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Frédéric CHOPIN (1810-1849)
Chopin: Alfred Cortotís 78 rpm recordings - Vol.1

24 Preludes, Op.28 [33:47]
rec. 22-23 March 1926 in HMV Studio A, Hayes
Prelude in C sharp minor, Op.45 [4:12]
rec. 4 November 1949 in EMI Abbey Road Studio No.3, London
Prelude in D flat major, Op.28, No.15 [4:44]
rec. 30 October 1950 in EMI Abbey Road Studio No.3, London
Berceuse in D flat major, Op.57 [4:09]
rec. 4 November 1949 in EMI Abbey Road Studio No.3, London
Impromptus [17:59]
rec. 5 July 1933 EMI in Abbey Road Studio No.3, London
Tarantelle in A flat major Op.43 [3:11]
Alfred Cortot
rec. 13 May 1931 in Studio C, Queenís Small Hall, London
NAXOS 8.111023 [68:03]

This volume is the first of five to be devoted to Cortotís 78-rpm recordings of Chopin. The planned emphasis is to be on recordings which have been covered less frequently on reissues. The booklet notes cite the early 1926 electric recordings of the Preludes, which have been more often neglected in favour of the 1933 versions. The 1950 recording of the Prelude Op.28, Nr.15, the Raindrop, has apparently never appeared on CD outside Japan, and the 1931 Tarantelle is a premiere CD issue, so collectors are promised nuggets of recording history well beyond those in most peopleís archives.

The booklet notes sketch the career of Alfred Cortot (1877-1962) as conductor, promoter of Wagner in Paris at the turn of the century, chamber musician and teacher. It was as a solo pianist that he became most renowned, and in March 1925 his was the first electric recording of a pianist to be issued. The Preludes on this CD are his first attempt at a recording, to be repeated no fewer than four times between 1926 and 1928. They were made using Cortotís preferred Pleyel piano, and were justly praised for their aural quality by contemporary critics. The piano sound is full and solid, with no lack of bass and very little compromise in treble definition. There is of course a deal of surface noise, but having heard Mark Obert-Thornís work on the Naxos issue of historical Elgar orchestral recordings I was unsurprised to find all nasty ticks and pops ironed out with little or no detriment to the original sound. Take the dynamic definition in Op.28 nr.15 in D flat (1926), whose extended arch builds to an impressive fortissimo with all threatening rumblings and eloquently repeated notes taking the listener on a journey which, once started, can bear no interruption. It is fascinating to compare the early version with the 1950 recording, which has a more ringing quality and a slightly greater sense of acoustic, but which otherwise shows little advance in recording quality, or indeed change in Cortotís interpretation.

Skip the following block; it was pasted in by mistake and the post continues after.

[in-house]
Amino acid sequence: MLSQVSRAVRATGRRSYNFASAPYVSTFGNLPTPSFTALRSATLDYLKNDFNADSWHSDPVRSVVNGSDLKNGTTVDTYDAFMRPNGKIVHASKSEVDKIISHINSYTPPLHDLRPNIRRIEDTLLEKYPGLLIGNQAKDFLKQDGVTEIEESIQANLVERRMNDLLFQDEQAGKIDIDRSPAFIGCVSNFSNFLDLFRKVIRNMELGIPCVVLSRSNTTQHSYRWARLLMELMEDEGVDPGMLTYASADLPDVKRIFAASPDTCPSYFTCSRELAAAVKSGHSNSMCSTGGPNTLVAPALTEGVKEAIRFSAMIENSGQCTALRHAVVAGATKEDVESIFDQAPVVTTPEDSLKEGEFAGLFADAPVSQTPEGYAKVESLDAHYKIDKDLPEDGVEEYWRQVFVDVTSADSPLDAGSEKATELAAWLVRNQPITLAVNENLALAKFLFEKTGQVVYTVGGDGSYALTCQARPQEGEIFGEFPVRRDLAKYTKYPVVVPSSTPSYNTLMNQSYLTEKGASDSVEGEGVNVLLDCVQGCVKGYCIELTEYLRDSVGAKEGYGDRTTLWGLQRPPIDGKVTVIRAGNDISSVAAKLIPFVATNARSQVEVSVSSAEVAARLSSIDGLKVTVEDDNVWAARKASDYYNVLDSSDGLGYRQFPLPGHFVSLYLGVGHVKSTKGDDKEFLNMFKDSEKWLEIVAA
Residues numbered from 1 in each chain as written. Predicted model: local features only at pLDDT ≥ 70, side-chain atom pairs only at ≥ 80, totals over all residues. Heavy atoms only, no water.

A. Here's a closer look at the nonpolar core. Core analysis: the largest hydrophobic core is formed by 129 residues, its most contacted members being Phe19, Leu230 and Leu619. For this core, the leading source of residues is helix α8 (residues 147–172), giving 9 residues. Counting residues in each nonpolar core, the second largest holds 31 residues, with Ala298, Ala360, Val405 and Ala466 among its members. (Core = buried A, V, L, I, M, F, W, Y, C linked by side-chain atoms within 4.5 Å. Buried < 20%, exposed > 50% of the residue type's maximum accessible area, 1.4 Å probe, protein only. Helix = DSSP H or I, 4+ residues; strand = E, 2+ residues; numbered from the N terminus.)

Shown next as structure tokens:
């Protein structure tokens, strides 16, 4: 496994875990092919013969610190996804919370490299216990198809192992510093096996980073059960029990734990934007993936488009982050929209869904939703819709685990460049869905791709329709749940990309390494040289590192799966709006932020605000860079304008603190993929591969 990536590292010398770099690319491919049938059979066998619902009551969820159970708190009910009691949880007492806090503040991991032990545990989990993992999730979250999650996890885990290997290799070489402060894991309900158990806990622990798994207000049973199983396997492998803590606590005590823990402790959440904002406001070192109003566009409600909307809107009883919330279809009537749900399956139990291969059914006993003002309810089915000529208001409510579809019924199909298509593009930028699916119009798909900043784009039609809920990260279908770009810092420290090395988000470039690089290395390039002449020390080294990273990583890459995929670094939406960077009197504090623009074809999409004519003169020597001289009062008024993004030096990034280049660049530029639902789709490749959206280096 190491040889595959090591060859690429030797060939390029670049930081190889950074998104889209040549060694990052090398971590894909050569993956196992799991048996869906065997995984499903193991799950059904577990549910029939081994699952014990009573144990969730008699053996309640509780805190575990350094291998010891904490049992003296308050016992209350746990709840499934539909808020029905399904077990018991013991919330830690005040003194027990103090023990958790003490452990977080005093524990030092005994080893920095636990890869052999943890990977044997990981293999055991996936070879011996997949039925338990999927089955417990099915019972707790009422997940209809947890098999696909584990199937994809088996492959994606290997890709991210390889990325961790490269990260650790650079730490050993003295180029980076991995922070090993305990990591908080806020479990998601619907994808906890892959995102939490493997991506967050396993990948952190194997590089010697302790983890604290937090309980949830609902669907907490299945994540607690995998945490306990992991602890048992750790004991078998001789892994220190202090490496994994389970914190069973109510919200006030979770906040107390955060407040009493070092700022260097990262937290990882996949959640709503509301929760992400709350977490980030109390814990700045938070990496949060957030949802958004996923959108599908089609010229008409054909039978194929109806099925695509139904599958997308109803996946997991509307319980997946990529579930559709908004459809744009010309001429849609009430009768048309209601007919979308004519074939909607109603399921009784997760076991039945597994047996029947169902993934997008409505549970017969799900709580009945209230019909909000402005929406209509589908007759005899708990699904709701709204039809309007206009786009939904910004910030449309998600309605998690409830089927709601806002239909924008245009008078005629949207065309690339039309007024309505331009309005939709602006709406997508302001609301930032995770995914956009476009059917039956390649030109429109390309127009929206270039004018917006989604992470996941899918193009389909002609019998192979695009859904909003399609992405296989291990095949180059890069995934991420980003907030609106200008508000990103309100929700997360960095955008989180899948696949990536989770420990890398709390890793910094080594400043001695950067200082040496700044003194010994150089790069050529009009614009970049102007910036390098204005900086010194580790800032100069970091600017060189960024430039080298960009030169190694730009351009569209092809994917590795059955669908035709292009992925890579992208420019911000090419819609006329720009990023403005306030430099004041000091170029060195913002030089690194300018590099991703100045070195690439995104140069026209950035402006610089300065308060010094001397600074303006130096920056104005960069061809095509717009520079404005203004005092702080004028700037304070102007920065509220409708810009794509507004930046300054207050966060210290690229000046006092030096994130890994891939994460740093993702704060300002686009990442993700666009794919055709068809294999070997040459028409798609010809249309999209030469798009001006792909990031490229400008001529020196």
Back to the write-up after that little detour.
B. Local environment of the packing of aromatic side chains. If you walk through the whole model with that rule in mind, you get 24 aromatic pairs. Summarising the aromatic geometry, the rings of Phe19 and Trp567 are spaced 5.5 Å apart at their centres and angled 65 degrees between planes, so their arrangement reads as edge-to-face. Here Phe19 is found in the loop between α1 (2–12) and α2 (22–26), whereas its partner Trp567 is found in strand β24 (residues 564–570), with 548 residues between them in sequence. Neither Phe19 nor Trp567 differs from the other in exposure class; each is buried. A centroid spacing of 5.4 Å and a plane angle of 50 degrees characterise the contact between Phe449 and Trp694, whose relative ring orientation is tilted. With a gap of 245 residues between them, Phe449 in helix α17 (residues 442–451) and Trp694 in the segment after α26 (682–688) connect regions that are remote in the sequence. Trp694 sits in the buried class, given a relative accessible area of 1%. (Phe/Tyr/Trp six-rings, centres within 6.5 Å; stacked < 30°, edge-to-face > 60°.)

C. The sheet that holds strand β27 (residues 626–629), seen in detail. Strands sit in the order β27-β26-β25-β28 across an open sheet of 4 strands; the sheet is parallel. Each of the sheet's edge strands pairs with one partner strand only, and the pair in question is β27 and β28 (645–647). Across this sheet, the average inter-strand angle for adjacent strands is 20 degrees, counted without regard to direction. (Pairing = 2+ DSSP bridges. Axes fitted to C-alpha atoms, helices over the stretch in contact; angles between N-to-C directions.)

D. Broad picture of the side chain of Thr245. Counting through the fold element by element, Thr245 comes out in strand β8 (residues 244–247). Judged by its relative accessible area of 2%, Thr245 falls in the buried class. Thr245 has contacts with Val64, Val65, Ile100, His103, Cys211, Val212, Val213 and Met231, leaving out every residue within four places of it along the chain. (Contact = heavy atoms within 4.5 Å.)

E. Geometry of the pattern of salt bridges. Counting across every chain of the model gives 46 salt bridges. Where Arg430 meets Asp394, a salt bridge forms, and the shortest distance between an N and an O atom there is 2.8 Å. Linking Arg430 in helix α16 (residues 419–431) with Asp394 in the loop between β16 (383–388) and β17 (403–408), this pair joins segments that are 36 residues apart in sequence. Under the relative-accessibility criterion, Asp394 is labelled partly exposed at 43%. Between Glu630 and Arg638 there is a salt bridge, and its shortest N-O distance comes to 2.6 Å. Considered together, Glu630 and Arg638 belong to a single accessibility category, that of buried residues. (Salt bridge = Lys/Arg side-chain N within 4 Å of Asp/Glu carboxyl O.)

There are some messy moments on these recordings, and commentators have often noted the technical inaccuracies in Cortotís recordings. Made in the days before high definition sound and sophisticated tape editing, it is well to remember that these are more like snapshots of performances, rather than the polished, extended and oft-chewed sessions of the dedicated recording artist. The image, mood and message of the music was the important thing, and to my mind Cortotís poetic approach to playing Chopin brings us close to Chopinís poetic approach while writing. Modern pianists will be interested in the transparency and parlando qualities that Cortot can create in his Chopin. Older instruments often have this quality over their more powerful present day concert grand pianos, whose makers, striving for ever more enduring qualities of sustain, can throw the balance away from the more intimate qualities of true pianissimo or the kind of bass sound that Chopin would have had in mind when composing.

Cortot is in some ways the forerunner of modern attitudes toward pianism. His interpretations will not seem unfamiliar to most people today. He avoids extravagances of display or artifice, never going beyond the service of the true musician to the text and intention of the music. This is not to say that his interpretations are foursquare or in any way dull or predictable. Listening to the Impromptus, there is an irrepressible sense of fun in the recapitulation of No.1 which is priceless. The sense of being given a unique musical gift permeates the whole set Ė the playing is self-narrating in a way which I miss so often in modern performances.

In short then, this is the initial volume of a set which looks like becoming an invaluable addition to any true piano collectorís library. The recordings come up fresh as a well-pressed daisy, and the playing is characterful and more often than not uniquely insightful into the immensely varied world of Chopin. Each time Iím granted the privilege of listening to a disc like this the question is raised, Ďwhat is it that makes a great pianist great?í There will always be controversy and divisions of opinion, but the persuasive argument for me here is Cortotís ability to make Chopin solid and tangible, to communicate his art both on an earthily human as well as an elevated poetic level Ė simultaneously. Thatís not something you can find every day, is it?

Dominy Clements




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